Imagine you've had a hectic day and then, to cap it all, you find that the battery of your electric vehicle is virtually empty. This means you'll have to take a long break while it charges fully. It's a completely different story with capacitors, which charge in seconds. However, they have a different drawback: they store very little energy. In the FastStorageBW II project, funded by the Baden-Württemberg Ministry of Economic Affairs, researchers from the Fraunhofer Institute for Manufacturing Engineering and Automation IPA in Stuttgart, together with colleagues from the battery manufacturer VARTA AG and other partners, are developing a powerful hybrid storage system that combines the advantages of lithium-ion batteries and supercapacitors. "The PowerCaps have a specific capacity as high as lead batteries, a long life of ten to twelve years, and charge in a matter of seconds like a supercapacitor," explains Joachim Montnacher, Head of the Energy business unit at Fraunhofer IPA. What's more, PowerCaps can operate at temperatures of up to 85 degree Celsius. They withstand a hundred times more charge cycles than conventional battery systems and retain their charge over several weeks without any significant losses due to self-discharge. The Fraunhofer IPA researchers' main concern is with manufacturing: to set up new battery production, it is essential to implement the relevant process knowledge in the best possible way. After all, it costs millions of euros to build a complete manufacturing unit. "We make it possible for battery manufacturers to install an intermediate step – a small-scale production of sorts – between laboratory production and large-scale production," says Montnacher. "This way, we can create ideal conditions for large-scale production, optimize processes and ensure production follows the principles of Industrie 4.0 from the outset. Because in the end, that will give companies a competitive advantage." Another benefit is that this cuts the time it takes to ramp up production by more than 50 percent. For this innovative small-scale production setup, researchers cleverly combine certain production sequences. However, not all systems are connected to each other – at least, as far as the hardware is concerned. More often, it is an employee that carries the batches from one machine to the next. Ultimately, it is about developing a comprehensive understanding of the process, not about producing the greatest number of products in the shortest amount of time. For example, this means clarifying questions such as if the desired quality can be reproduced. The systems are designed as flexibly as possible so that they can be used for different production variations. As far as software is concerned, the systems are thoroughly connected. Like process clusters, they are also equipped with numerous sensors, which show the clusters what data to capture for each of the process steps. They communicate with one another and store the results in a cloud. Researchers and entrepreneurs can then use this data to quickly analyze which factors influence the quality of the product – Does it have Industrie 4.0 capability? Were the right sensors selected? Do they deliver the desired data? Where are adjustments required? Fraunhofer IPA is also applying its expertise beyond the area of production technology: The scientists are developing business models for the marketing of battery cells, they are analyzing resource availability, and they are optimizing the subsequent recycling of PowerCaps.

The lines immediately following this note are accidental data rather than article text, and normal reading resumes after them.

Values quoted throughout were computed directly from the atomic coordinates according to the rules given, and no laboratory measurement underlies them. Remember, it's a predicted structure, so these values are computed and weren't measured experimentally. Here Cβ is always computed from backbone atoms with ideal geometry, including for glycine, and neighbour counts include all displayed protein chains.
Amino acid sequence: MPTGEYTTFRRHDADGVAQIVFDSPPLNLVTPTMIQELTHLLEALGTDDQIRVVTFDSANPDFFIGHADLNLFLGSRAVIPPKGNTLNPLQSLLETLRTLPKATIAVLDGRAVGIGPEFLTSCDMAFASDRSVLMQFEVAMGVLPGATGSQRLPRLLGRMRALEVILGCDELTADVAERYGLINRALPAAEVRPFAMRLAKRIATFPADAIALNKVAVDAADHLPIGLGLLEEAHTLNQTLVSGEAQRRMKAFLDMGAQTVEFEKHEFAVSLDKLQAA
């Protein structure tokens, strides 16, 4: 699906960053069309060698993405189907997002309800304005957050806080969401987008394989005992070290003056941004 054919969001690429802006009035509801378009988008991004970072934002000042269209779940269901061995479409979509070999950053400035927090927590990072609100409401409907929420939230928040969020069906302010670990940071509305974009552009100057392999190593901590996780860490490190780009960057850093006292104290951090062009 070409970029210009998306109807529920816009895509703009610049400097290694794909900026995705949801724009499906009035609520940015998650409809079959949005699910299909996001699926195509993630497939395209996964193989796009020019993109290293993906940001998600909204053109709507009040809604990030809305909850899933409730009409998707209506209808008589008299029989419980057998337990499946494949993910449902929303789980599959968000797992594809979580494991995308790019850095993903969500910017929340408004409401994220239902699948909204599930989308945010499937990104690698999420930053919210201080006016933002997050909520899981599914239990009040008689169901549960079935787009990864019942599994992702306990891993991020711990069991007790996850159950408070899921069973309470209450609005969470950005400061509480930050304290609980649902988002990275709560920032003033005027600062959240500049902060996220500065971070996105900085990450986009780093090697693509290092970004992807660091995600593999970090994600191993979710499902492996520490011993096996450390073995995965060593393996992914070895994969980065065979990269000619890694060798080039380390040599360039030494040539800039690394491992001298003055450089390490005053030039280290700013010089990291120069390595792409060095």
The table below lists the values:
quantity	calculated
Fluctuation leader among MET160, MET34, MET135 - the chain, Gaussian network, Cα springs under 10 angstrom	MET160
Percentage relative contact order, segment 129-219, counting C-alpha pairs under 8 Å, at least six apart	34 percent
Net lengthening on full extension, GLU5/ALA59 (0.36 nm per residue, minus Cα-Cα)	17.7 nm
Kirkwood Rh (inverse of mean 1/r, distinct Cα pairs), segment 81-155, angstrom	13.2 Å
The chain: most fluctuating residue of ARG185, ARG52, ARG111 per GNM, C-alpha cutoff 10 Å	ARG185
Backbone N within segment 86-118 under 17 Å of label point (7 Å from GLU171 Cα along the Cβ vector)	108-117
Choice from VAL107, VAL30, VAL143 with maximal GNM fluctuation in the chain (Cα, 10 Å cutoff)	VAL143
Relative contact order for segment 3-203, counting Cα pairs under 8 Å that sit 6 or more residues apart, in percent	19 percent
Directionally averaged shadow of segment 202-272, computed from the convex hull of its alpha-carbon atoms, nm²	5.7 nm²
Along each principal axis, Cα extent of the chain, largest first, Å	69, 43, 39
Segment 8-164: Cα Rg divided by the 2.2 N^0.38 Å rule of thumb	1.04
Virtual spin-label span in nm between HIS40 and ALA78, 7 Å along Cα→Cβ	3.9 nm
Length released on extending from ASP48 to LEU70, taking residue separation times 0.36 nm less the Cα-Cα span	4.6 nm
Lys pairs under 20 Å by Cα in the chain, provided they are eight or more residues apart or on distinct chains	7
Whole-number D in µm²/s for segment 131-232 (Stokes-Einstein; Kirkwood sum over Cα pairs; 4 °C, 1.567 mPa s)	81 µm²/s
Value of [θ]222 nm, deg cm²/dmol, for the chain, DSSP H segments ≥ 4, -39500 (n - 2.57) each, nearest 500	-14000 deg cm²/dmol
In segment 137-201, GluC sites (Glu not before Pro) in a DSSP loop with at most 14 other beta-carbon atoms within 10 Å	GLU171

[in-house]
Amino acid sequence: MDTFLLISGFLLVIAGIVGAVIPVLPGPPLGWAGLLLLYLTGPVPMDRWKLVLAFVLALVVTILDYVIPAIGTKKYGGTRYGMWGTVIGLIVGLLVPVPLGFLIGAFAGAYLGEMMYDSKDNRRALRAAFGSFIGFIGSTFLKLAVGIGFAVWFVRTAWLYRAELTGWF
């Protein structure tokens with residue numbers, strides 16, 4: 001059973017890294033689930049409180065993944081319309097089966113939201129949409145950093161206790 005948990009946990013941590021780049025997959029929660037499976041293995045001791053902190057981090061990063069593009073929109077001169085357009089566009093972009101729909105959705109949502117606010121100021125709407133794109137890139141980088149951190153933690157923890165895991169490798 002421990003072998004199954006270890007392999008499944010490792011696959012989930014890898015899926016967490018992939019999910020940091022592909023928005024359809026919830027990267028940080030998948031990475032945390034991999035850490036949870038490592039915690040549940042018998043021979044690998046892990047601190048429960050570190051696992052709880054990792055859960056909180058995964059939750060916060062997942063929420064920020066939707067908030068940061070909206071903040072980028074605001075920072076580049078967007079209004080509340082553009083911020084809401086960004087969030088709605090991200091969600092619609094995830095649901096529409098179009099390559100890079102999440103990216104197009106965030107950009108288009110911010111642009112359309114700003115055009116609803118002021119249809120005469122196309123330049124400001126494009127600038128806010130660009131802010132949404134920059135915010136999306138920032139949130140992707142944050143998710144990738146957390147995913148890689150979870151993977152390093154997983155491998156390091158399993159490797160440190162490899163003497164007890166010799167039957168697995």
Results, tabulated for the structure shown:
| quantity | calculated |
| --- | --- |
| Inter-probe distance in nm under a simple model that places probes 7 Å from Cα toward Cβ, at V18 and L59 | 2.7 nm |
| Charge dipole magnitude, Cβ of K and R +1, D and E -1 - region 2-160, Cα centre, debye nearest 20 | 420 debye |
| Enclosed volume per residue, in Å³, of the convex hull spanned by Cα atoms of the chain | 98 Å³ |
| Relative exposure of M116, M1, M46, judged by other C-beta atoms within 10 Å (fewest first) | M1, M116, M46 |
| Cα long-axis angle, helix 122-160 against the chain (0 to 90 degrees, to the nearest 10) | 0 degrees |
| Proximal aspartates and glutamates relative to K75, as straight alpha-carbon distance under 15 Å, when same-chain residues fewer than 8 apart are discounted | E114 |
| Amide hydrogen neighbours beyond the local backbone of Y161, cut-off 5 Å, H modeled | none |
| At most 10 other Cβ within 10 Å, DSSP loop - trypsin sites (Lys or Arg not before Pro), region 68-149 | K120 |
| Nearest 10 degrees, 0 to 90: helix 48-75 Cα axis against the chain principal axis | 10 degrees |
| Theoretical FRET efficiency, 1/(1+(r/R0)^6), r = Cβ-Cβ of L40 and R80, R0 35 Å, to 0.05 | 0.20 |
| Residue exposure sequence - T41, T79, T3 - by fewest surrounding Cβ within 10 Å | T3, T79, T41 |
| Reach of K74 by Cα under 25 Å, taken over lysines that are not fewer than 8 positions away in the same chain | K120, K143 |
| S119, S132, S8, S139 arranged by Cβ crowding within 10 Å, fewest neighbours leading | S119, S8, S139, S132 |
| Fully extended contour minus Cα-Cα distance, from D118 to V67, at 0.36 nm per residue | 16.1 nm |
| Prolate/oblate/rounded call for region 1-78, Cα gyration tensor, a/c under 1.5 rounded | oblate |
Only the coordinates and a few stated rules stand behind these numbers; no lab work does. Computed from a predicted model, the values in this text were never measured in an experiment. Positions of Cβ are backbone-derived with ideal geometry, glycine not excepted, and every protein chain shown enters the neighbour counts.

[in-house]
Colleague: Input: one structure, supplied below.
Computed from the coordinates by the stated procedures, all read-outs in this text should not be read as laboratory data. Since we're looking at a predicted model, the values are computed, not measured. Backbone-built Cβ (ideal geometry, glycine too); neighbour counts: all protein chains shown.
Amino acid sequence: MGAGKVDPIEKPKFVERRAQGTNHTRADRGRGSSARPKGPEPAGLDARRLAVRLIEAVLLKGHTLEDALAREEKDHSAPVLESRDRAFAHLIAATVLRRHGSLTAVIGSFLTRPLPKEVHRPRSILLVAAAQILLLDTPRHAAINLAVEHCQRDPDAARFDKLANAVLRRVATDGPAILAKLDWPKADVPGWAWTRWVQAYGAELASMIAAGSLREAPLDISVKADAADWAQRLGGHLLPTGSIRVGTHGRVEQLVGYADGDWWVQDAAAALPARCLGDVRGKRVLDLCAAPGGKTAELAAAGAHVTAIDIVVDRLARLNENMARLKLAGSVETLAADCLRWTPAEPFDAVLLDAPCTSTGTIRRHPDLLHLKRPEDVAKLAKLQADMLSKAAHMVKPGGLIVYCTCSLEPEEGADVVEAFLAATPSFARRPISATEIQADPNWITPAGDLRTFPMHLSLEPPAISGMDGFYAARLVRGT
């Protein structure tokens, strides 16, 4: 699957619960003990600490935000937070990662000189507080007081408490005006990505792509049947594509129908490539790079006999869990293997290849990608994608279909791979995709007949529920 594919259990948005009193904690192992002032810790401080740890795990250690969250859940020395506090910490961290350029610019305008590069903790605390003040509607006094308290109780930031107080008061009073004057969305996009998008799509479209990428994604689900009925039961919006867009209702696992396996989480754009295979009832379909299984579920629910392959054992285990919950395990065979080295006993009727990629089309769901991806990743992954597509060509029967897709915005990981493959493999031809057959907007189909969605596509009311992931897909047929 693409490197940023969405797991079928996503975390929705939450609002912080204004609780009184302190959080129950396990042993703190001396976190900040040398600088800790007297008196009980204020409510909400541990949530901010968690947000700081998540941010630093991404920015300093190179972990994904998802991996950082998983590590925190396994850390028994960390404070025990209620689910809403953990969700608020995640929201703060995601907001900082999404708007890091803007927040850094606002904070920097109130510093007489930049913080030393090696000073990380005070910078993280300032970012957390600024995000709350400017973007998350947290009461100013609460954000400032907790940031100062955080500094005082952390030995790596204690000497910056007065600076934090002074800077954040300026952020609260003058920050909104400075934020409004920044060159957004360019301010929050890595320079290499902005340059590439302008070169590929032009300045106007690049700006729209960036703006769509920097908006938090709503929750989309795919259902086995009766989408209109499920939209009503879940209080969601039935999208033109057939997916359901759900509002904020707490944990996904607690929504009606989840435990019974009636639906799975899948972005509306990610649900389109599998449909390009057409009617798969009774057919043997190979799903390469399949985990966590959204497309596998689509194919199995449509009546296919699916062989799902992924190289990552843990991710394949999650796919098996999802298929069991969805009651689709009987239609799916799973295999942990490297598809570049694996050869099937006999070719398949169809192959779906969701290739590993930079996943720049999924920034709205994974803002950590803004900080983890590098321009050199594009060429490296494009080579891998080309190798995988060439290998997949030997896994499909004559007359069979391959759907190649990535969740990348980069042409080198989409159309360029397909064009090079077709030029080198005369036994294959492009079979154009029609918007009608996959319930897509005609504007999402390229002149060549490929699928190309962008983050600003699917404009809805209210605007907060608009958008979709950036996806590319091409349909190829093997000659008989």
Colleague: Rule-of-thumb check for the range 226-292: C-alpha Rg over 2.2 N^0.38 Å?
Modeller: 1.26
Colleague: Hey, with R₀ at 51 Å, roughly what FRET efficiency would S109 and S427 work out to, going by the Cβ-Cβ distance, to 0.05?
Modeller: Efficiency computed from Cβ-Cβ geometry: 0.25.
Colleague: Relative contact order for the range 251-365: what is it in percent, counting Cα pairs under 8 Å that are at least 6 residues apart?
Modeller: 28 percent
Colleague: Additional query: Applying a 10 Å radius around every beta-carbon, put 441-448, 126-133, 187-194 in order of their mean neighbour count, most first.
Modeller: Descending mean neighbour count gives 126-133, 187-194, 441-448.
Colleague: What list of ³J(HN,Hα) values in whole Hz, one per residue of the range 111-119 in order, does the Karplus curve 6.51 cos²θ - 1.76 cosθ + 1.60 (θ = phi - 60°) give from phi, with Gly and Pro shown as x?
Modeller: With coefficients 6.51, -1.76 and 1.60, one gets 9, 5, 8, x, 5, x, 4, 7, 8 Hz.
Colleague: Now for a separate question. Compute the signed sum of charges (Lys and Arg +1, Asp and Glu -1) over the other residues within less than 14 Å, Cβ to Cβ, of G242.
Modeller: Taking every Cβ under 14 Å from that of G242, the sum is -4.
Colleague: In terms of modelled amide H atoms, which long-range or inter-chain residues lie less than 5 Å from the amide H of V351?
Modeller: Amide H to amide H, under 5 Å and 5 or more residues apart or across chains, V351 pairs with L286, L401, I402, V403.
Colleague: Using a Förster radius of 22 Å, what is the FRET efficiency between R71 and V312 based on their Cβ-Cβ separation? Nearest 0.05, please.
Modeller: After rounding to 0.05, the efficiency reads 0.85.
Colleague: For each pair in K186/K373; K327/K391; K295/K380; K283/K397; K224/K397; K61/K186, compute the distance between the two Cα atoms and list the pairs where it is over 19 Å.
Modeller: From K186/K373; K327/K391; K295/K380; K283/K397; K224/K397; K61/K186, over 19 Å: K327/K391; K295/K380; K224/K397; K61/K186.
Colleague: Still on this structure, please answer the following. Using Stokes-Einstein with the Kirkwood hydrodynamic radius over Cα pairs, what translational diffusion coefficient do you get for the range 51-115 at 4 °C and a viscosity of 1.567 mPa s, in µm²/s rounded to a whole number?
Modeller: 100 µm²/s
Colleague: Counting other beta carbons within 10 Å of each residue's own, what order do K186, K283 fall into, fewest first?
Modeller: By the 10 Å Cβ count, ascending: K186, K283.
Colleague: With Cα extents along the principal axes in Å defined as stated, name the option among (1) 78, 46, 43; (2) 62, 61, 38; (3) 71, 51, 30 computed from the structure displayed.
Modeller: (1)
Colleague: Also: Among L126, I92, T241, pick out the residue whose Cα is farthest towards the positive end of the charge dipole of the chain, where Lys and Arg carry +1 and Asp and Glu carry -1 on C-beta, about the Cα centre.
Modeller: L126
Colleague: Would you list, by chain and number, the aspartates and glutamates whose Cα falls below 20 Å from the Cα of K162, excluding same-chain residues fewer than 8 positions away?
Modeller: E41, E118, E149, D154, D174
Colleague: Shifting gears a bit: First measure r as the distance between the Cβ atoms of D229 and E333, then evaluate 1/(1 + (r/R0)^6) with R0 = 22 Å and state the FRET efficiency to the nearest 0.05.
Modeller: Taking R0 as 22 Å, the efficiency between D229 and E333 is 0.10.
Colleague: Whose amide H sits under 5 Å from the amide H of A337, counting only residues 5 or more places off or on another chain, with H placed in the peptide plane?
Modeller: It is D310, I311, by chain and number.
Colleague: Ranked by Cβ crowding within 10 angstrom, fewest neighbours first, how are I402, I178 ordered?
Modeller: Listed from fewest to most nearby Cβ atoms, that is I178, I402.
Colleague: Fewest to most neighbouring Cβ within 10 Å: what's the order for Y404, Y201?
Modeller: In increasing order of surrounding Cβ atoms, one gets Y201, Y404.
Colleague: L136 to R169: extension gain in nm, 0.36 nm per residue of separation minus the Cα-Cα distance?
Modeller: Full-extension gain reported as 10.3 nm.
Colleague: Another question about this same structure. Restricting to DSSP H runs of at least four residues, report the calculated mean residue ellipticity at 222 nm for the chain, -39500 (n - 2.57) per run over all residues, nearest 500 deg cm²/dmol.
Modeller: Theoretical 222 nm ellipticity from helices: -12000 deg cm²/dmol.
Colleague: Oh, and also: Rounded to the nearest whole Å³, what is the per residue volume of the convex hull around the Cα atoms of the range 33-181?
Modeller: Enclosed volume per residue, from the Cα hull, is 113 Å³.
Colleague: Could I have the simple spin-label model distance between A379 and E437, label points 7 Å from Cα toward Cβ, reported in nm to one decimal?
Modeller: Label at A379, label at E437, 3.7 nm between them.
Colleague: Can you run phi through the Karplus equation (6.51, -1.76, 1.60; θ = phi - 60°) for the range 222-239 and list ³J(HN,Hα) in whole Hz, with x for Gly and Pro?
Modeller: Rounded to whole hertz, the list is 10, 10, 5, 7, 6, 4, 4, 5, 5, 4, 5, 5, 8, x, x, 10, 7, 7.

News Article | December 1, 2015
Site: phys.org